Provided by: yagiuda_1.19-7_amd64 bug


       yagi - Yagi-Uda project antenna current calculator


       yagi [ - dhps ] filename


       The  program  yagi  is  one of a number of executable programs that forms part of a set of
       programs, collectively known as the Yagi-Uda project , which were  designed  for  analysis
       and optimisation of Yagi-Uda antennas.  yagi calculates the currents at the centre of each
       element at one or more frequencies, as specified in the input file.



       -d     Display element currents. When this option is used, a bar graph with up to 70 stars
              (*)  is used to display the absolute magnitude of the element currents. The element
              with the greatest element current has 70  *'s,  all  others  have  a  corresponding
              smaller  number,  depending  on  the  their  relative current. The element current,
              normallised to the maximum, is also shown as a 4 digit floating point number.

       -h     Print a help message.

       -p     Print the Z matrix. The  Z  matrix  is  the  impedance  matrix,  showing  the  self
              impedance  of  the  elements  on  the  diagonal  and  the  mutual impedance off the

       -s     Suppress all diagnostic output. By default, the program print the percentage of the
              job completed.

              is the name of the file containing the antenna description. It is expected to be in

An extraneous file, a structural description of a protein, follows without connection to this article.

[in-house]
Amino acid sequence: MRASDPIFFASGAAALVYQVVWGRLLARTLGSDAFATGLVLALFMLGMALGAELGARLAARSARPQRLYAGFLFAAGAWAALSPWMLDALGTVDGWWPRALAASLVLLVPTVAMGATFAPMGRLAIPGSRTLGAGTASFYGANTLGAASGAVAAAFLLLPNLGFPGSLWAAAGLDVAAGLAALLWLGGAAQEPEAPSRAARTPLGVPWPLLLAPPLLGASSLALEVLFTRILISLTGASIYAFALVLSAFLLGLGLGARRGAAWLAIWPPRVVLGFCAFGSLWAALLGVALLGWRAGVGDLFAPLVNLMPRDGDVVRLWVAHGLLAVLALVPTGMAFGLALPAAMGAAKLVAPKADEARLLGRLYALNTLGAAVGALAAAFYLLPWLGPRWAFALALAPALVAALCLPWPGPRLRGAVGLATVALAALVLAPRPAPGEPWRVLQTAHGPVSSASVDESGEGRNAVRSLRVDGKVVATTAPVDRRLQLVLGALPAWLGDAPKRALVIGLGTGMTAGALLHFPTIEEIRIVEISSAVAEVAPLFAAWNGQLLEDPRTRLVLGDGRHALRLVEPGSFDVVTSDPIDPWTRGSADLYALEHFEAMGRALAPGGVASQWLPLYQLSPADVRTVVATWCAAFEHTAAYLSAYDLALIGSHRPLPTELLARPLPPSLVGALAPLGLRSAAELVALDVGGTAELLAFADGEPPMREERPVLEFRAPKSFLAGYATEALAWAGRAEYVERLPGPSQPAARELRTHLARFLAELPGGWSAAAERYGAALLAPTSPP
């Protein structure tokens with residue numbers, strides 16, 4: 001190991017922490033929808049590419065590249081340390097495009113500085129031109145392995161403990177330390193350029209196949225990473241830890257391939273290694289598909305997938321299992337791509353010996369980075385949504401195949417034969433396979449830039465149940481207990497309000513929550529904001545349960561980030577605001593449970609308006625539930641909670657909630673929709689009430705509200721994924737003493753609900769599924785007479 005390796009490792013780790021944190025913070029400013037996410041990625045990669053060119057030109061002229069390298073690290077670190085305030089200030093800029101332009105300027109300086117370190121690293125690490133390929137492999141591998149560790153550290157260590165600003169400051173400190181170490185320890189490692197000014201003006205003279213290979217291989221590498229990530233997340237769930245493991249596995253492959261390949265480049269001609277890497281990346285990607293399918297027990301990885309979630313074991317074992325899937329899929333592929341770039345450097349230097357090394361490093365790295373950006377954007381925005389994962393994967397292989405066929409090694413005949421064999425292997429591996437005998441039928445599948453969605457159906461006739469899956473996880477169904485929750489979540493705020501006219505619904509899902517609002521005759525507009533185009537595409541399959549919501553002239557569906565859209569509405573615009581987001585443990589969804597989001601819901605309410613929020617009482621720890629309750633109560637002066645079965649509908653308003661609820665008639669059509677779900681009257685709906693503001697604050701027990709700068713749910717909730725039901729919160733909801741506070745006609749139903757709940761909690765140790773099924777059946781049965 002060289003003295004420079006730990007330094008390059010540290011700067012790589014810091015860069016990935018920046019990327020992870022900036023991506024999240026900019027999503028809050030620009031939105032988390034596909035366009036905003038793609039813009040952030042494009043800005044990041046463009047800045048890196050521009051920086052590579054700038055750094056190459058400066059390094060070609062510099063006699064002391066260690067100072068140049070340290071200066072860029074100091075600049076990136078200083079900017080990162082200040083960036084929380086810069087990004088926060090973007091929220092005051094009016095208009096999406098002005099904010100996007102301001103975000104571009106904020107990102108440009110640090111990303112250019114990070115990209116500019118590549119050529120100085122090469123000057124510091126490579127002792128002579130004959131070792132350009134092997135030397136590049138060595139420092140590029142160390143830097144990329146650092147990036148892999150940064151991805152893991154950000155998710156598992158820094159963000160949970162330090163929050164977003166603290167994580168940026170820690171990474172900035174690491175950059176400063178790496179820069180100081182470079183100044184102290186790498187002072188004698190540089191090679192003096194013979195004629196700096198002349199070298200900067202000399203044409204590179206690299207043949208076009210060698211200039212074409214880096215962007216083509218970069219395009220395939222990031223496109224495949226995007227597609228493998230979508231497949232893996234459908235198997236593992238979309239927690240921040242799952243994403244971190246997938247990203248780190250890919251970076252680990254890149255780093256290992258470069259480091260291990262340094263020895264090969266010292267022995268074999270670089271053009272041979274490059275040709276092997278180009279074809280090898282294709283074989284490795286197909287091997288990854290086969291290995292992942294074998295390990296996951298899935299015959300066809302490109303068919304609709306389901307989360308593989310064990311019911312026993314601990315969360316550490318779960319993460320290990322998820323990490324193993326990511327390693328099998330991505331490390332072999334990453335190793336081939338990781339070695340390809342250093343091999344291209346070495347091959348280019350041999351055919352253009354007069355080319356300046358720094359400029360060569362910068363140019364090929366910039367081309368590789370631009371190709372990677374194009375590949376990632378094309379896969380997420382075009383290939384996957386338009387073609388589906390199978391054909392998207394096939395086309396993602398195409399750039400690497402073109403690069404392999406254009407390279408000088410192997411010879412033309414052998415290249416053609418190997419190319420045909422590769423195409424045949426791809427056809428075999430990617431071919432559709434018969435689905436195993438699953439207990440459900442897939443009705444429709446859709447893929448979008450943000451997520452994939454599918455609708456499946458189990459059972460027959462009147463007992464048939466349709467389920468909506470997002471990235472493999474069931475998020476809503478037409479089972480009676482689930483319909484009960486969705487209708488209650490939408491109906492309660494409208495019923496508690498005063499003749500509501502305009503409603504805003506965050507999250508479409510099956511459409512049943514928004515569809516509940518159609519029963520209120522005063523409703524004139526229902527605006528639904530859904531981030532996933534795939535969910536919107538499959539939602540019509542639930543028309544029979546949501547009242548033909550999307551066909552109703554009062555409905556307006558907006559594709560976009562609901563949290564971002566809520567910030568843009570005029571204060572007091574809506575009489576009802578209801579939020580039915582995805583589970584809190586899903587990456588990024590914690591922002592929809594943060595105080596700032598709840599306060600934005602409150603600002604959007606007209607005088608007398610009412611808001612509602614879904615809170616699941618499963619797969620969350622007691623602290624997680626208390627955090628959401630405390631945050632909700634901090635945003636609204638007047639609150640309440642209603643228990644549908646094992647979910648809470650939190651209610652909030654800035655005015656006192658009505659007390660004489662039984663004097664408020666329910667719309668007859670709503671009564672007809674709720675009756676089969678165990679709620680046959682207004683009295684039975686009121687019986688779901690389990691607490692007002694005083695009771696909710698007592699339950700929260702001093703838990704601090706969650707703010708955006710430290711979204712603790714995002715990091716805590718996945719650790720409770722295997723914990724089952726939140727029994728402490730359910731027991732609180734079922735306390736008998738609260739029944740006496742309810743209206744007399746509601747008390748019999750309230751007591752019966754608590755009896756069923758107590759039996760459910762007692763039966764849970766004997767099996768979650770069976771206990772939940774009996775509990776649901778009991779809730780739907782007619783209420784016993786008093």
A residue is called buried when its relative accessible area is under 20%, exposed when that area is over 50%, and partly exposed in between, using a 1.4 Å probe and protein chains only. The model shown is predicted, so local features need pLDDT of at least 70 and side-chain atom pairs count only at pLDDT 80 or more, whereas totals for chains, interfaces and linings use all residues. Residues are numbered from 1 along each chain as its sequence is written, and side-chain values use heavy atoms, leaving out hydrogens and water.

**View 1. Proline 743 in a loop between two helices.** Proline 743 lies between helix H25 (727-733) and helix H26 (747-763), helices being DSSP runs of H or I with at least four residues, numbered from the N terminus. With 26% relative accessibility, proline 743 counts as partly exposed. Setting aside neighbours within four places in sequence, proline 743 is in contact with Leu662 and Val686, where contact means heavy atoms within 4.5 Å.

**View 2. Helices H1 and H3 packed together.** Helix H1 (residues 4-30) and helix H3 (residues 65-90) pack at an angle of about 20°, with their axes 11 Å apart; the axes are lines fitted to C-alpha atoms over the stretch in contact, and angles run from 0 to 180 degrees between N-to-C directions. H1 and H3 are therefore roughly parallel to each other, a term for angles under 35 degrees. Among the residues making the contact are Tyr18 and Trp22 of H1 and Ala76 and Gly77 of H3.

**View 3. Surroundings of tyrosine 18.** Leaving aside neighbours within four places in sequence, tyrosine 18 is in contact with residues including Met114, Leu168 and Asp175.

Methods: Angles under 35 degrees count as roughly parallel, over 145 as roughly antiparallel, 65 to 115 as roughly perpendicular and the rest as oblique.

a format created by either input or first - two  other  programs  in  the  Yagi-Uda
              project.   This  is  an ASCII text file. The antenna currents are written to a file
              filename.out which is a binary file. It is not intended to be read by humans.


       I'm not aware of any limitations, apart from that filenames, including  full  path,  can't
       exceed 90 characters.


       filename.out       Binary data file


       first(1), input(1), output(1), optimise(1), first(5), input(5), output(5) and optimise(5).


       Both  DOS and Unix versions have been built. The DOS version as distributed requires a 386
       PC with a 387 maths coprocessor.


       Bugs should be reported to  Bugs tend actually  to  be  fixed  if
       they can be isolated, so it is in your interest to report them in such a way that they can
       be easily reproduced.  If the input file is edited manually and  done  incorrectly,  there
       can be unpredictable results.


       Dr.  David  Kirkby  G8WRB (, with help with converting to DOS from
       Dr. Joe Mack NA3T (